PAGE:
Program Development Service

Developing, revising or evaluating a program should be more than an administrative process and should lead to useful insights that inform genuine changes and enhancements. Program evaluation or development is a collaborative process through which faculty members 1) articulate the expectations of the program through program level learning outcomes; 2) collect data from different perspectives and stakeholders; and 3) analyse how their curriculum aligns with their program learning outcomes

We propose a three-step process, a collection of tools and a series of procedures that can be adapted to the specific needs of a program. Depending on context, the first step may either be the development, or revision, of your program learning outcomes or the analysis of strengths and weaknesses of your program. The last step is typically the curriculum analysis, where data is collected to investigate the program structure and pedagogical relationships between outcomes and ways in which they are being developed throughout the program.
a three-step process

Program Learning Outcomes

Program learning outcomes give students and faculty a clear message about essential disciplinary knowledge, skills and attitudes that students can demonstrate upon completion of the program. They articulate expectations and quality indicators for program evaluation. We will work with you towards writing program learning outcomes that are specific, clear and authentic to your program while being aligned with provincial degree level expectations (DLE).
Example of tools we use to support this step of the process:
•    Guided session for the development and revision of program level outcomes
•    Revision and comments on drafts of your program learning outcomes

Analysis of Strengths and Weaknesses

The strengths, weaknesses, opportunities and challenges analysis is an effective process to collect data from different stakeholders (students, professors, support staff, alumni, etc.) in your program. We can facilitate face-to-face sessions and/or provide templates for online surveys to ensure that participants feel that they can express themselves freely. The data and analysis will inform the development of an action plan and promote sustainable enhancements.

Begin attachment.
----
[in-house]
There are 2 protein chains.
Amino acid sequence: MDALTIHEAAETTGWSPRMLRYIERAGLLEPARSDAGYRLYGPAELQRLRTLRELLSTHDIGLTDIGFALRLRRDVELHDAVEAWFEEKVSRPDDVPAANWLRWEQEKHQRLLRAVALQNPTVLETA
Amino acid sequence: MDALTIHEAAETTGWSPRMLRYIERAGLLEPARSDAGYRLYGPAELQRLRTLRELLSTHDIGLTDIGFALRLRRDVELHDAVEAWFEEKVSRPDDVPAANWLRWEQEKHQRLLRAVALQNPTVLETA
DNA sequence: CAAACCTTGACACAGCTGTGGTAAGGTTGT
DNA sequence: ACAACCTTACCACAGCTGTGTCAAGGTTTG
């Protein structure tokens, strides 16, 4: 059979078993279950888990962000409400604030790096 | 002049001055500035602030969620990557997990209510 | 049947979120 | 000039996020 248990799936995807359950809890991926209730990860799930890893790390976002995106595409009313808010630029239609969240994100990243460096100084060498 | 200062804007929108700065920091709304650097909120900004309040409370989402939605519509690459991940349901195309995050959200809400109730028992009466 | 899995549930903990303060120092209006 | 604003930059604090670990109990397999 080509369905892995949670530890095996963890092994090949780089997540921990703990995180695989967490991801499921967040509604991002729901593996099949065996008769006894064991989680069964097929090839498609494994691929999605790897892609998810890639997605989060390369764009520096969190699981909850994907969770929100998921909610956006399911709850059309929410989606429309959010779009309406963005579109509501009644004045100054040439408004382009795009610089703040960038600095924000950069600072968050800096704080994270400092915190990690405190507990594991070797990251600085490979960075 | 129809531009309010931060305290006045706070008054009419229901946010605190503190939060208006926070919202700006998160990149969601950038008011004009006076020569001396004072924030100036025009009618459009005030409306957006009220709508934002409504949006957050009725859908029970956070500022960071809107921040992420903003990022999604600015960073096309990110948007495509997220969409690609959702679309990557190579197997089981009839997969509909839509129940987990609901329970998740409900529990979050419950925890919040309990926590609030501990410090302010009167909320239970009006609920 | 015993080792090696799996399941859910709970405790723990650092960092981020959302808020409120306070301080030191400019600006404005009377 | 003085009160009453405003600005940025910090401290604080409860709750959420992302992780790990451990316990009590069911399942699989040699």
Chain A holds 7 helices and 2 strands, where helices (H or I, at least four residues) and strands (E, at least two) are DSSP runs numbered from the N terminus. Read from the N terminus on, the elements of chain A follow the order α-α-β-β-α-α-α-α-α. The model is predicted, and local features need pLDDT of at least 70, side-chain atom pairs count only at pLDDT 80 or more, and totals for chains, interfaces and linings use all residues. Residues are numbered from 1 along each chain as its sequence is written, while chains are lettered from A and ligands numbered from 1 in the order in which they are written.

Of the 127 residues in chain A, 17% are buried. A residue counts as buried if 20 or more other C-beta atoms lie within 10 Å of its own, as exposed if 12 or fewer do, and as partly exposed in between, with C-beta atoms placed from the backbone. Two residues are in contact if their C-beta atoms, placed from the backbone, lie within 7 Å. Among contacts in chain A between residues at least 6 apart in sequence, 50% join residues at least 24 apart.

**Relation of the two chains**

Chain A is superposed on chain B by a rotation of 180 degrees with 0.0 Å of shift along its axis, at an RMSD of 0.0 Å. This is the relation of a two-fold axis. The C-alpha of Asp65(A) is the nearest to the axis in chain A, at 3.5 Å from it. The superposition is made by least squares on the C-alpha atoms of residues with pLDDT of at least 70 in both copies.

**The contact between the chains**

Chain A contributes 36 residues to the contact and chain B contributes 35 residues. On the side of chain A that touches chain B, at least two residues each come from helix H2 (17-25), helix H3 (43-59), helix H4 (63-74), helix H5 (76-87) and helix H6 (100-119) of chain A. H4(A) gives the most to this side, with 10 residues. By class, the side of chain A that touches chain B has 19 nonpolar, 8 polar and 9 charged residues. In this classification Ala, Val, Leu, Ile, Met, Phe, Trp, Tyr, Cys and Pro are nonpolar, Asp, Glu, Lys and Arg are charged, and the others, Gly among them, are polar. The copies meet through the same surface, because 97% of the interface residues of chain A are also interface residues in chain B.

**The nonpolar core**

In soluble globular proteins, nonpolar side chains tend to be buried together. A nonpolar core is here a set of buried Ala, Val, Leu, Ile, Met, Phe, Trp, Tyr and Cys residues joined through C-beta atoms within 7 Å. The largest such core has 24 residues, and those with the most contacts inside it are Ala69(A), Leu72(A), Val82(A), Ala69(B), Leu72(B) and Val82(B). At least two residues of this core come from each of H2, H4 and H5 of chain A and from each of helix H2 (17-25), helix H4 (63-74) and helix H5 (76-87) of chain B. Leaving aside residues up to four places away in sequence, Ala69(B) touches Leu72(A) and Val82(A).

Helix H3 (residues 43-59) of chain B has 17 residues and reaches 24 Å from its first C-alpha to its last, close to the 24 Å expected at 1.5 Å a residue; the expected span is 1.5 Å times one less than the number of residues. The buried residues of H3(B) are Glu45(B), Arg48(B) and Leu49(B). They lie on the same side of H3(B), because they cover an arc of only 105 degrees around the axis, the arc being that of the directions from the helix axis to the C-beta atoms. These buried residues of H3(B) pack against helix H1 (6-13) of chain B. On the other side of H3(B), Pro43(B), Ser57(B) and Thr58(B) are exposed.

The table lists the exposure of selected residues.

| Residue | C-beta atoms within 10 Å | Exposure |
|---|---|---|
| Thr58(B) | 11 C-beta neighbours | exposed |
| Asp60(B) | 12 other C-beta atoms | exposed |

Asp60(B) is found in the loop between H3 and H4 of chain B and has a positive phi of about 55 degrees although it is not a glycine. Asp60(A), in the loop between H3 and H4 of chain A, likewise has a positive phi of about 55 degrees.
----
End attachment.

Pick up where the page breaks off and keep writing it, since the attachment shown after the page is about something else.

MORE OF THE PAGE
Example of tools we use to support this step of the process:
•    Generic version of our customizable strengths and weaknesses analysis survey
•    Facilitation of face-to-face sessions with faculty/students

Curriculum Analysis

Curriculum analysis evaluates the relevance of a program's structure and curriculum in relation to its own learning outcomes. The process of analyzing the coherence of the curriculum aims to understand how students achieve the program learning outcomes. The analysis of program coherence promotes a basis for communication and dialogue. It allows the program to look at how courses can complement each other, to clarify their role as part of the larger program and to highlight potential overlap or gaps.
Example of tools we use to support this step of the process:
•    Curriculum analysis tool
•    Online syllabus tool (uoSyllabus)

Listen to what professors had to say about the program evaluation process:

France Rioux video
(with English or French subtitles)
Eric Champagne video
(with French or English subtitles)

For more information about quality assurance at the University of Ottawa and for all documentation relating to the creation, modification and evaluation of programs consult the website of the Office of the Vice-President Academic and Provost.

Our team of experienced consultants in program development

Our team of experts at the Centre for Innovative Pedagogies and Digital Learning (CIPDL) will support the process by offering resources, advice, and facilitation to make the review an effective, efficient and rewarding one.

Geneviève Gauthier, Curriculum and Learning Outcomes Analyst for

for the Office of the Vice Provost, Academic affairs works in collaboration with the TLSS and the Office of Quality Assurance to provides support services for the creation and evaluation of programs. Geneviève has 20 years of experience in higher education, having taught at the high school, college and university levels. Geneviève has also provided support for the development and evaluation of programs at other Canadian universities. Her research focuses on focuses on instructor’s assessment judgment and their personal concept of competence in complex assessment contexts.